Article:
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Gas turbine engine MTBF ?

Old 6th Feb 2011, 17:03
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Gas turbine engine MTBF ?

Dear colls,
does anybody know approximately what is the MTBF for a gas turbine engine like those of B737 A320? The type of failure should be total loss of thrust.
Thank you in advance for your answers.
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Old 8th Feb 2011, 12:50
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Total loss of thrust would be the result of a catastrophic failure, maybe due to FOD or a major component breakage. Because engines are designed for this not to happen if at all possible, MTBF figures are not relevant. You are talking random events for which statistical failure rates are not applicable.

You may be able to look at birdstrike rates but that would vary by aircraft type and location, again not really MTBF though.

Most engine removals are for deteriorated thrust rating or EGT margin. Modern engines are getting towards 30,000 hours on wing and if I remember corectly the old Concorde Olympus were more like 300!
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Old 8th Feb 2011, 18:31
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Engines do time out, allot of wear and tear on internal components, bearings etc between the 7-12k hour range is usual time in service for a healthy engine before it comes off wing. Normally a comprehensive examination process done between operators and engine manuf. to determine a safe off the wing time.
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Old 8th Feb 2011, 21:37
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Cool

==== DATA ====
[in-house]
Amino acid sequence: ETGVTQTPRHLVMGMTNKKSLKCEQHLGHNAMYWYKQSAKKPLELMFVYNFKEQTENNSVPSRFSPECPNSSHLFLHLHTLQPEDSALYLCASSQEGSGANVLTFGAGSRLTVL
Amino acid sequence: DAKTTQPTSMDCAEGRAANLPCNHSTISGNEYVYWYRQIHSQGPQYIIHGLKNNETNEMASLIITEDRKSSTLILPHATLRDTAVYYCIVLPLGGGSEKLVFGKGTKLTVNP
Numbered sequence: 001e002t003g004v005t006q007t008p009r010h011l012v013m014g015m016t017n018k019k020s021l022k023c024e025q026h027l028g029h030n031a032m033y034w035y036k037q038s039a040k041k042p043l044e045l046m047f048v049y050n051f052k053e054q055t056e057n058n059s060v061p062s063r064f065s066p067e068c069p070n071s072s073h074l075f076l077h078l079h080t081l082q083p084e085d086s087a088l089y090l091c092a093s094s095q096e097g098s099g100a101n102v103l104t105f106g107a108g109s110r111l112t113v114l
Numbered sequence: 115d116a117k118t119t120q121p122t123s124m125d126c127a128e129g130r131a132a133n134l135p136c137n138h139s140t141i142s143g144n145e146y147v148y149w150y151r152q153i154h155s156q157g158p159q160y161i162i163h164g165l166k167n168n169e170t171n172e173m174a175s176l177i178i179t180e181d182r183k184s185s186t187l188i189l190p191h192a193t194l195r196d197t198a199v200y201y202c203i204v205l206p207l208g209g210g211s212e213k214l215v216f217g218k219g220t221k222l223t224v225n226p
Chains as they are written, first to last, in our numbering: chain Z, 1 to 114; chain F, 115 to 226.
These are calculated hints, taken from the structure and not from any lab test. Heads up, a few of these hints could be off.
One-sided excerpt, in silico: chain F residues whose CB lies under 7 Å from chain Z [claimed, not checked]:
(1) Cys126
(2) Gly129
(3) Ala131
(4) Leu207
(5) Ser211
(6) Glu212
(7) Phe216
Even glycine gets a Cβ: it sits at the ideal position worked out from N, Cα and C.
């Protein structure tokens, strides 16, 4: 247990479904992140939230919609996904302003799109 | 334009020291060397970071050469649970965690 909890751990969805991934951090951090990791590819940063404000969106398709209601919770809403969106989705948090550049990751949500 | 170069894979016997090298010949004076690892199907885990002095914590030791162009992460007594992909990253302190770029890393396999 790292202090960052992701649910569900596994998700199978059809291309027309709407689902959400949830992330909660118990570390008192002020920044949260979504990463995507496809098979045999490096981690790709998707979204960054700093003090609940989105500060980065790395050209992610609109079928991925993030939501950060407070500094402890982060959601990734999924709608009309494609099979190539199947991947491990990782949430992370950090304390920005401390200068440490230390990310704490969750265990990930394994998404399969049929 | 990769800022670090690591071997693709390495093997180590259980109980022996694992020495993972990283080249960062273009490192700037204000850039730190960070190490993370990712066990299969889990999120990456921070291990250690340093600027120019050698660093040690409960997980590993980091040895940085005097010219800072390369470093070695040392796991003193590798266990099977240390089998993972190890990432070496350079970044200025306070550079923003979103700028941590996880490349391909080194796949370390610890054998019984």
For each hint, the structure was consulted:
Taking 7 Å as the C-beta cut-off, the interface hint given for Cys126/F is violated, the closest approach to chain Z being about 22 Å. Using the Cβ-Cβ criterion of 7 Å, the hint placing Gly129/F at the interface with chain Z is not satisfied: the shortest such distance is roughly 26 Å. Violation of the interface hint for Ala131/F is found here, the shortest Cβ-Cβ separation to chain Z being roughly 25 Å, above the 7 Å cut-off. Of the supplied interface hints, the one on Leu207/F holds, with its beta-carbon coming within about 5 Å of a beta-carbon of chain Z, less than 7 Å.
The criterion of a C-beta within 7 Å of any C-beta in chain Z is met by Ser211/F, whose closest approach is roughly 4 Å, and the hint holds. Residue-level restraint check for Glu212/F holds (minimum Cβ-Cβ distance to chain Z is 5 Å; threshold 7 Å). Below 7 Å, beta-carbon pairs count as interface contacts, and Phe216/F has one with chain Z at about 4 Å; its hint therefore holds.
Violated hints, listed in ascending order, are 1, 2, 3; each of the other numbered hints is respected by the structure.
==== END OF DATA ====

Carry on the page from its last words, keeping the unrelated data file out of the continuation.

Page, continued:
RB211-535 19,000 hours average time to first shop visit, The RB211-535E4 achieved the world record for on-wing life without removal for over 40,000 hours over nine years in operation for a 757.
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Old 8th Feb 2011, 22:35
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I think the pratt on the 752 comes off wing about 6-7 k/hrs. They supposedly save a bit of fuel but the overhaul cost's make them less preferred, heard they are not fun to work on as well. We have been putting 752-f's into service like crazy and I think we just put our first pratt powered one in. Suppose I shall find out for myself soon enough. The reliabiity on the rolls has been pretty good, I like looking at them on an engine stand, they just look soo clean as compared to a cf6, less monkeymotion.
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Old 10th Feb 2011, 20:08
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Yeah I agree about the life before an engine is rebuilt and taken off the wing but I needed some statistical information for MTBF and I found something in EASA :

CS-E510 (g),(2)
(g) For compliance with CS-E, the following Failure definitions apply to the Engine:

(1) An Engine Failure in which the only consequence is partial or complete loss of thrust or power
(and associated Engine services) from the Engine must be regarded as a Minor Engine Effect.


(2) The following effects must be regarded as Hazardous Engine Effects:
(i) Non-containment of high-energy debris,
(ii) Concentration of toxic products in the Engine bleed air for the cabin sufficient to incapacitate
crew or passengers,
(iii) Significant thrust in the opposite direction to that commanded by the pilot,
(iv) Uncontrolled fire,
(v) Failure of the Engine mount system leading to inadvertent Engine separation,
(vi) Release of the propeller by the Engine, if applicable,
(vii) Complete inability to shut the Engine down.


(3) An effect falling between those covered in CS-E 510 (g)(1) and (2) must be regarded as a Major Engine Effect.

(3) It must be shown that Hazardous Engine Effects are predicted to occur at a rate not in excess of
that defined as Extremely Remote (probability less than 10-7 per Engine flight hour). The
estimated probability for individual Failures may be insufficiently precise to enable the total rate
for Hazardous Engine Effects to be assessed. For Engine certification, it is acceptable to consider
that the intent of this paragraph is achieved if the probability of a Hazardous Engine Effect arising
from an individual Failure can be predicted to be not greater than 10-8 per Engine flight hour (see
also CS-E 510 (c)).

(4) It must be shown that Major Engine Effects are predicted to occur at a rate not in excess of that
defined as Remote (probability less than 10-5 per Engine flight hour).

λ=0,00001 failure/ 1hour=10/106hours=10FPMH
MTBF=1/ λ=100000hours
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